Lawsuits Regarding This Problem

Lawsuits about this problem have already been filed in court. Many times these are class-action suits that look to cover a group of owners in a particular area. Click on the lawsuit for more information and to see if you're eligible to receive any potential settlements.

  • Settled

    Kojikian et al. v. American Honda Motor Co., Inc.

    Case Number
    BC606392
    Case Filed
    1. Settled

      An Acura oil consumption settlement has been reached after vehicle owners alleged some Acura models are equipped with defective 3.7-liter J37 engines.

    Class Vehicles
    • 2010-2013 MDX (J37)
    • 2011-2012 RL (J37)
    • 2009-2014 TL (J37)
    • 2010-2013 ZDX (J37)
    Location
    California

Generations Where This Problem Has Been Reported

This problem has popped up in the following Acura generations.

Most years within a generation share the same parts and manufacturing process. You can also expect them to share the same problems. So while it may not be a problem in every year yet, it's worth looking out for.

  1. 2nd Generation MDX

    Years
    2007–2013
    Reliability
    25th of 30
    PainRank
    5.18
    Complaints
    101
    Continue Front 3/4 view of a MDX
  2. 2nd Generation RL

    Years
    2005–2012
    Reliability
    7th of 30
    PainRank
    0.35
    Complaints
    12
    Continue Front 3/4 view of a RL
  3. 4th Generation TL

    Years
    2009–2014
    Reliability
    23rd of 30
    PainRank
    4.9
    Complaints
    68
    Continue Front 3/4 view of a TL
  4. 2nd Generation TSX

    Years
    2009–2014
    Reliability
    20th of 30
    PainRank
    3.94
    Complaints
    91
    Continue Front 3/4 view of a TSX

Further Reading

A timeline of stories related to this problem. We try to boil these stories down to the most important bits so you can quickly see where things stand. Interested in getting these stories in an email? Signup for free email alerts for your vehicle over at CarComplaints.com.

  1. Acura's parent company, Honda, has reluctantly agreed to settle an oil consumption lawsuit for vehicles with 3.7-liter J37 engines.

    I emphasize reluctant because the automaker says they're closing the book on this case to "avoid the time and expense of ongoing litigation" and says only a small number of customers have filed complaints.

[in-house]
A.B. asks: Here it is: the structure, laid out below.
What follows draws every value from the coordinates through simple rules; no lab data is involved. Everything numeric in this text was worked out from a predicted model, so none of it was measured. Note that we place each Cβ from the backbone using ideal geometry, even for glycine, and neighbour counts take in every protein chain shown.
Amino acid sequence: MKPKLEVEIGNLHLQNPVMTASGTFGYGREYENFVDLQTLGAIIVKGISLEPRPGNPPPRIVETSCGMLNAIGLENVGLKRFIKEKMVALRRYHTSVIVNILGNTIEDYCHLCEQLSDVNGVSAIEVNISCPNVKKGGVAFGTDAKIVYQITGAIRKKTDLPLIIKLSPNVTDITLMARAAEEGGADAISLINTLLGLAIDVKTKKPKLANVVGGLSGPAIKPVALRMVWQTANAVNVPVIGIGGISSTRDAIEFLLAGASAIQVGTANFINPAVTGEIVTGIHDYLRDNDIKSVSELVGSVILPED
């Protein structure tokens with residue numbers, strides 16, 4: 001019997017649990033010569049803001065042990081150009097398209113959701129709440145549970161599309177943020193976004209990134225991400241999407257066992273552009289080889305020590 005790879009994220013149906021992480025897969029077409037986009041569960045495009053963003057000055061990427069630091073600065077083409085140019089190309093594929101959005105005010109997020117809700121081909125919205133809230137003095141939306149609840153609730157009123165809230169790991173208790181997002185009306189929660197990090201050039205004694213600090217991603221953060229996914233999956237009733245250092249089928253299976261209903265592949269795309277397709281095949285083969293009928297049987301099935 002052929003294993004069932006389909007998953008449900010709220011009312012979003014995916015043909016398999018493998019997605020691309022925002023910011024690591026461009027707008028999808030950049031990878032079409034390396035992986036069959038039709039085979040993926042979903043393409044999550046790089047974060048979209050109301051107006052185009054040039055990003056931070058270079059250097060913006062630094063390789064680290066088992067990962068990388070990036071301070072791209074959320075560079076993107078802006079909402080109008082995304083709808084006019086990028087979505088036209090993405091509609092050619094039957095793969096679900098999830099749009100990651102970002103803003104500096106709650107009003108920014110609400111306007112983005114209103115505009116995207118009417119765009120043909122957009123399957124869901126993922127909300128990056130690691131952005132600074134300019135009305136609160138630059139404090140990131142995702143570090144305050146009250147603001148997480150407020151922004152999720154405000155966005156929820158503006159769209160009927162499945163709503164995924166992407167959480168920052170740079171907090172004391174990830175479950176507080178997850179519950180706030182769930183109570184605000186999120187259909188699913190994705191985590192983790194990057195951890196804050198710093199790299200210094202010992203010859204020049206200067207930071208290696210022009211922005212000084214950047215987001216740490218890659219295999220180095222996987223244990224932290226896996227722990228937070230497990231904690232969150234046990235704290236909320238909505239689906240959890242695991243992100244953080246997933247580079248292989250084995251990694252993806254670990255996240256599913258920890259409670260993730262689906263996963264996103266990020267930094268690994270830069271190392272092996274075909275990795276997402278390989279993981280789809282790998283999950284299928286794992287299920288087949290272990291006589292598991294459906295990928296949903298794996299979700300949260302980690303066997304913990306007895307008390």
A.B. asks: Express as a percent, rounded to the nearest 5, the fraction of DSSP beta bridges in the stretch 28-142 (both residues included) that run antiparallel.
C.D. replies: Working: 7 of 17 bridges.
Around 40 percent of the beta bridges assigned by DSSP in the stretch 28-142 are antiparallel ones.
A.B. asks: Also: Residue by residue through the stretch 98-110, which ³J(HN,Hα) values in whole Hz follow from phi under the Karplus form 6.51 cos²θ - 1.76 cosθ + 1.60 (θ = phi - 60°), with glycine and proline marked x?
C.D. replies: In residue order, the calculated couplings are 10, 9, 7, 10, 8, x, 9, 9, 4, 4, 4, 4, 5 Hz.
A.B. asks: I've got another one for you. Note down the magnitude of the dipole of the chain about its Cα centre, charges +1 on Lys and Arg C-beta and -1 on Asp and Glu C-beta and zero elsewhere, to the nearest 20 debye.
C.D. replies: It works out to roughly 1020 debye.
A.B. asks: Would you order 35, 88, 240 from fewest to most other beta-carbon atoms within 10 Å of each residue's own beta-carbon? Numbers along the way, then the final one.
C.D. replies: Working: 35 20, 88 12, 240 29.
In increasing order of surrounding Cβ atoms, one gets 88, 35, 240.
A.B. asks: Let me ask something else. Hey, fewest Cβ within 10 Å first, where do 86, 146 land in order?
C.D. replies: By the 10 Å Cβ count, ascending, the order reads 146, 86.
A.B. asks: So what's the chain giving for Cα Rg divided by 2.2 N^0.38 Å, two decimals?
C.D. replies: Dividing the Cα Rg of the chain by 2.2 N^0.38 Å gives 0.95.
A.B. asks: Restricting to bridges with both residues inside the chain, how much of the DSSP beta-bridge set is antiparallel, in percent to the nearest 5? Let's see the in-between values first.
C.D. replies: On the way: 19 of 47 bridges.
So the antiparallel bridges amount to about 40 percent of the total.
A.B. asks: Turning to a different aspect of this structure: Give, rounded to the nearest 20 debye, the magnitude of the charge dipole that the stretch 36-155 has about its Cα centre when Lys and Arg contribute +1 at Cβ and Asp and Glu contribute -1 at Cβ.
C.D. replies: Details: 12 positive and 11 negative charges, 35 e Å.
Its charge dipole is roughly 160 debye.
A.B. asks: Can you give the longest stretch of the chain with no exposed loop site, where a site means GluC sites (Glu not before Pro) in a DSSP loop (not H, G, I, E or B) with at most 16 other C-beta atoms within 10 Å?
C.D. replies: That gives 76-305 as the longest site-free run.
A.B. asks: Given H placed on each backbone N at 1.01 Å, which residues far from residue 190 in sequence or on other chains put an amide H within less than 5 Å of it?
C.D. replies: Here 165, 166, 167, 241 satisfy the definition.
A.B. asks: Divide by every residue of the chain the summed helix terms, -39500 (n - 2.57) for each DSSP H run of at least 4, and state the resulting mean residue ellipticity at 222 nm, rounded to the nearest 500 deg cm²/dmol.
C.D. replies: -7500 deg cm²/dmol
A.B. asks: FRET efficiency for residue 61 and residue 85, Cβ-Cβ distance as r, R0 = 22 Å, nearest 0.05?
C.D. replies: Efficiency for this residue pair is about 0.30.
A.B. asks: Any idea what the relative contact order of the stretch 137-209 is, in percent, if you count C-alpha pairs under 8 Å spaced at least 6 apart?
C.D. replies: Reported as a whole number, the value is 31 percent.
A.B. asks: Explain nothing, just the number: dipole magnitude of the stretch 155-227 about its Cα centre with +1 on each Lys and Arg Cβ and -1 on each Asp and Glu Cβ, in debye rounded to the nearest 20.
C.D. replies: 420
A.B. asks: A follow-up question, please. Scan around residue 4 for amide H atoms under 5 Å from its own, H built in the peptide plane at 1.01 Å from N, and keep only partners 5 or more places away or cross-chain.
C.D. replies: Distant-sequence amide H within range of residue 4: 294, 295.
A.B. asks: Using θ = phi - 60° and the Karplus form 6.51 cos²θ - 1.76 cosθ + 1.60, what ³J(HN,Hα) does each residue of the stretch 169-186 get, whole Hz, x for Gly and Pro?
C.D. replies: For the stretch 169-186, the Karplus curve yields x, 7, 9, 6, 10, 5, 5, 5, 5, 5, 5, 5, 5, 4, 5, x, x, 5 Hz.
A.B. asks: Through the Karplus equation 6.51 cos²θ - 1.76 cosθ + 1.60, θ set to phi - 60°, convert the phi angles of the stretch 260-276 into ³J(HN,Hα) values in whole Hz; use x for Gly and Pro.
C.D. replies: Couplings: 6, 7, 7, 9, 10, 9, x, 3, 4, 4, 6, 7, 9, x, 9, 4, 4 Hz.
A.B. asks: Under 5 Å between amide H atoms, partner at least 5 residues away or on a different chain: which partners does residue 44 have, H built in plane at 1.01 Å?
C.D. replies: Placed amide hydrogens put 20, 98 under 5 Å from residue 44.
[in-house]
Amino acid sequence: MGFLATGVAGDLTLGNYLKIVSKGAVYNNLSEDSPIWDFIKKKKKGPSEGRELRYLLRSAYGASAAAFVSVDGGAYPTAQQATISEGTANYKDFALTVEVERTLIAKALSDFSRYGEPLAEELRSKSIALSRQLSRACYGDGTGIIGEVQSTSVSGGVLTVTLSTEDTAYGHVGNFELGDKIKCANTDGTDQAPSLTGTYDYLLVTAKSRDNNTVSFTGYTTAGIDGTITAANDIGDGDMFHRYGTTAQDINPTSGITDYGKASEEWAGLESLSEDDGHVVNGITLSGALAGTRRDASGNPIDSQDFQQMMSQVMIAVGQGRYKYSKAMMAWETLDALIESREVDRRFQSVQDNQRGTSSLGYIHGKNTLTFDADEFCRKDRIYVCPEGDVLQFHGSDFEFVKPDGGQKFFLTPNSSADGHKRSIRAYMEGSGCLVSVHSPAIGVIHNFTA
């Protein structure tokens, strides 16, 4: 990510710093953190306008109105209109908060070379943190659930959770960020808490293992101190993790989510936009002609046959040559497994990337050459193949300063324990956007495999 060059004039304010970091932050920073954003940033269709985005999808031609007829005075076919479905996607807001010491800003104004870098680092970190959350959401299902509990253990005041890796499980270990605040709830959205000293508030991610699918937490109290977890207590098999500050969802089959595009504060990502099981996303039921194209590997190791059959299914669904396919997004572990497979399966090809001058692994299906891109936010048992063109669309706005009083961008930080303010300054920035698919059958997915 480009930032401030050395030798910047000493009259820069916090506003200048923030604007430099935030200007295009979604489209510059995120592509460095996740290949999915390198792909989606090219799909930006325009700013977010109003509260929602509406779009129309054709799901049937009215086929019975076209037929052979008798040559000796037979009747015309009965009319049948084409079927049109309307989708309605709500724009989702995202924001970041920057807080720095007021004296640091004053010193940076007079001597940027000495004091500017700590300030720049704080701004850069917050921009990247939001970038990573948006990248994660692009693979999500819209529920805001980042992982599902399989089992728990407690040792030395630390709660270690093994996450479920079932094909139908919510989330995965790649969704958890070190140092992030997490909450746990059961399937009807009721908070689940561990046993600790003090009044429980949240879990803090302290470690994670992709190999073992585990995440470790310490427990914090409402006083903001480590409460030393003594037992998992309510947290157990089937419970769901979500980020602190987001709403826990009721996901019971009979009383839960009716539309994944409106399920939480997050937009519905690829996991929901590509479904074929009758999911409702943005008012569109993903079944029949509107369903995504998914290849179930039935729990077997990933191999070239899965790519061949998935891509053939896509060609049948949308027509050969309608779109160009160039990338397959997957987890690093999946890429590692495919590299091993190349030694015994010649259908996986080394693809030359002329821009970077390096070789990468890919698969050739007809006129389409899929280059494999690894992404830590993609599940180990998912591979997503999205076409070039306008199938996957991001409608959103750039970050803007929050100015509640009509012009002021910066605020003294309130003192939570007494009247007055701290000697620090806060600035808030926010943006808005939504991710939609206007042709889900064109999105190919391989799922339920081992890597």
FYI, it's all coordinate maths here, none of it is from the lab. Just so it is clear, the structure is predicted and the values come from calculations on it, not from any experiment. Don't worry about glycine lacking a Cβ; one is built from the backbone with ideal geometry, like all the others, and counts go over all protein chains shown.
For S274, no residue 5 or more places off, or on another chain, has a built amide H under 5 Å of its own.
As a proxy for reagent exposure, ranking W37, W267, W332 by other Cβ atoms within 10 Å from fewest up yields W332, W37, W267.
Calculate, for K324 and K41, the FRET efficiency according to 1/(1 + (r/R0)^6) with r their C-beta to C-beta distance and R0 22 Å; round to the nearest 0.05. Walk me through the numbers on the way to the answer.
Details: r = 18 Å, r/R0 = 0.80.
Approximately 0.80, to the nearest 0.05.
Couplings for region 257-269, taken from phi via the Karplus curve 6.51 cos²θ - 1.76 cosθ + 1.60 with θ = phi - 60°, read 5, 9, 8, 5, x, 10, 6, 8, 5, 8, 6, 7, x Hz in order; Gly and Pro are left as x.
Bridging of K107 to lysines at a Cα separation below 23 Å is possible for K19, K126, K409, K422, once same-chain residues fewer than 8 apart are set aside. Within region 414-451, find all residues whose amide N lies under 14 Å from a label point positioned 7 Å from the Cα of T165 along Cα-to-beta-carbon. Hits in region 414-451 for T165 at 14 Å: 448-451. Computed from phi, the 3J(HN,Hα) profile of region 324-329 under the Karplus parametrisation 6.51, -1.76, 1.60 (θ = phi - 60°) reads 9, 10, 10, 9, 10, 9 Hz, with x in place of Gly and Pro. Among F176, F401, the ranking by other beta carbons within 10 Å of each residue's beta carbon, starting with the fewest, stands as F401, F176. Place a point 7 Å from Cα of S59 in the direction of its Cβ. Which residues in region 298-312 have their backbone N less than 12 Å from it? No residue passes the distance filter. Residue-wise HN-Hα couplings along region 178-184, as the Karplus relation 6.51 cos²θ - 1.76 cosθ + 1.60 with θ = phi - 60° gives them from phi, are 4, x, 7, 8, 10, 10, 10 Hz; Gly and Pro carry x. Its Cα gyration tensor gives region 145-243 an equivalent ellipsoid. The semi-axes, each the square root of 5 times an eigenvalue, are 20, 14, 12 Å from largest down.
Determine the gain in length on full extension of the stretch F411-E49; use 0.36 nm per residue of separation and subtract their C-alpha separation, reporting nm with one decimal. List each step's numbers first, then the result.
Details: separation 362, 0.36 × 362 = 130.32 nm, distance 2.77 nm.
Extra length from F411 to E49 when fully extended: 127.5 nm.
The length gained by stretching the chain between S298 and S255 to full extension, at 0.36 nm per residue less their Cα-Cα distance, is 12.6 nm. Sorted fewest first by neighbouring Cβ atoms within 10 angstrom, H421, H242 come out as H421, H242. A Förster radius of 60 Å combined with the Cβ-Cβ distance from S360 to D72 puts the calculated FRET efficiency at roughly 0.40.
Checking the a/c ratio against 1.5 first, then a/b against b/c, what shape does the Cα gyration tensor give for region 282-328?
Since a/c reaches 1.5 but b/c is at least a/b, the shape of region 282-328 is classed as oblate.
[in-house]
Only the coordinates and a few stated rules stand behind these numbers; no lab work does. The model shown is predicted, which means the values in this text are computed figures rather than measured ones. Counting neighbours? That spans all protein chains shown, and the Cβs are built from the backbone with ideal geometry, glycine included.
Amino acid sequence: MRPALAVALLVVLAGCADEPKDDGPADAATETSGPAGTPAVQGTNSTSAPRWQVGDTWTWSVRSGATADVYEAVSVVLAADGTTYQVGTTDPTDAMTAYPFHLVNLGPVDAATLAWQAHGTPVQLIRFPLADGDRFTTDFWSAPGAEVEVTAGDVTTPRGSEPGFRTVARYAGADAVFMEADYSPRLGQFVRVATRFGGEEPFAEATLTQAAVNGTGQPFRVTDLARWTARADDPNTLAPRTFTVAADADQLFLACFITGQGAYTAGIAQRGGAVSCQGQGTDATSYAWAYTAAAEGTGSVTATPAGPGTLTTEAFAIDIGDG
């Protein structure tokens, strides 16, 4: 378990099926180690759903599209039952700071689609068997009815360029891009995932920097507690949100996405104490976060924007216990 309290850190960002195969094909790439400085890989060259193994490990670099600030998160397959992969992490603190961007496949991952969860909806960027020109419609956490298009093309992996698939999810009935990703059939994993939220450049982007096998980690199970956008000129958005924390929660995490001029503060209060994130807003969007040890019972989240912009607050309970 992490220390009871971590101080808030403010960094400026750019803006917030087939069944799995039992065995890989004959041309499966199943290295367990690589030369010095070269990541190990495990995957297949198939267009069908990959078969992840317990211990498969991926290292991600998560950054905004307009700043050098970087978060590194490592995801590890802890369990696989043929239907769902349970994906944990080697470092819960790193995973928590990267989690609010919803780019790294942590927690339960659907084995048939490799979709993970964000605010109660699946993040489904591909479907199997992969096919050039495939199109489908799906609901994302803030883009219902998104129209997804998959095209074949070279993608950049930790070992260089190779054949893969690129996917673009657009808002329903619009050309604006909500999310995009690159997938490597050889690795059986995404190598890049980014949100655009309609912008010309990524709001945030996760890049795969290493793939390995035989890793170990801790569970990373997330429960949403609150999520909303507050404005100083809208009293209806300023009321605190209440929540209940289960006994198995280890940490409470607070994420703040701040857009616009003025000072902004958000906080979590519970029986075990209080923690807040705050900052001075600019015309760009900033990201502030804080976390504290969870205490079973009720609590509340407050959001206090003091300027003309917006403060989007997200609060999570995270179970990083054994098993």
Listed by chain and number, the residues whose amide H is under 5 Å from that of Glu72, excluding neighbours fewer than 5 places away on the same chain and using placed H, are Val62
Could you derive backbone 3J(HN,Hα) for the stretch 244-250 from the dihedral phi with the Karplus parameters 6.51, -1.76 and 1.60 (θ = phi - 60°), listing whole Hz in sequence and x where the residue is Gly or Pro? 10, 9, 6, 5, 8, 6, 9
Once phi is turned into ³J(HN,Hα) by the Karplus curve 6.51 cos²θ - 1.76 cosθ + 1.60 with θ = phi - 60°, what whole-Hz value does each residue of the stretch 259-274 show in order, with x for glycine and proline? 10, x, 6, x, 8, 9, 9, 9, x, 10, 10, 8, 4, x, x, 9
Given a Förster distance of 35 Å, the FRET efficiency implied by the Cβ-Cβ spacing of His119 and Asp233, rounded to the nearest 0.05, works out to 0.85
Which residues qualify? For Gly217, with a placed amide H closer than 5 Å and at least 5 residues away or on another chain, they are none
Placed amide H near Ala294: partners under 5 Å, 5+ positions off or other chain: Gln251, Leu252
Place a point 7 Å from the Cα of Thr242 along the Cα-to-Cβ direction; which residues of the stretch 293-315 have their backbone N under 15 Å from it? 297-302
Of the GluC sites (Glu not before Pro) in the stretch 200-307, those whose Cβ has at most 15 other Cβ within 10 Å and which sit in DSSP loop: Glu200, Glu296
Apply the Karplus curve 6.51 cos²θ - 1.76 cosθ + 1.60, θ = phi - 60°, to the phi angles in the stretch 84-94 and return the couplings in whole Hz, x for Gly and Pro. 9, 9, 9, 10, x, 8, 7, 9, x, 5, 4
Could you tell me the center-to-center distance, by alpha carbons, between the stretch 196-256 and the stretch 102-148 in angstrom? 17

Despite that rousing show of support for its customers, the settlement will provide relief for out-of-pocket expenses related to consumption issues if the owner can show documentation like oil change receipts. Honda has also agreed to extend its powertrain warranty. CarComplaints.com has a great breakdown of the settlement details in further detail.

    keep reading

What Owners Say About This Problem

One day when I checked it with about 40% oil life remaining, the oil level on the dip stick barely registered. I topped it off, and just made a mental note to keep an eye on it. From that day forward, I was having to add oil every 2 - 3 weeks, just to keep it in the proper range. This was ridiculous in my opinion because the vehicle only had 30,XXX miles on it at the time, and the car was not hammered on every take-off.

I have a 2010 Acura TL and it consumes oil like a thirsty camel. In between oil changes, I'm constantly filling the oil back up with 2-3 quarts of oil. To add to the oil consumption issue, when I accelerate, my car makes a rattling noise. Took to dealership, got a valve adjustment, got the car back, same issue.

OK, Now What?

Maybe you've experienced this problem. Maybe you're concerned you will soon. Whatever the reason, here's a handful of things you can do to make sure it gets the attention it deserves.

  1. File Your Complaint

    CarComplaints.com is a free site dedicated to uncovering problem trends and informing owners about potential issues with their cars. Major class action law firms use this data when researching cases.

    Add a Complaint
  2. Notify CAS

    The Center for Auto Safety (CAS) is a pro-consumer organization that researches auto safety issues & often compels the US government to do the right thing through lobbying & lawsuits.

    Notify The CAS
  3. Report a Safety Concern

    The National Highway Traffic Safety Administration (NHTSA) is the US agency with the authority to conduct vehicle defect investigations & force recalls. Their focus is on safety-related issues.

    Report to NHTSA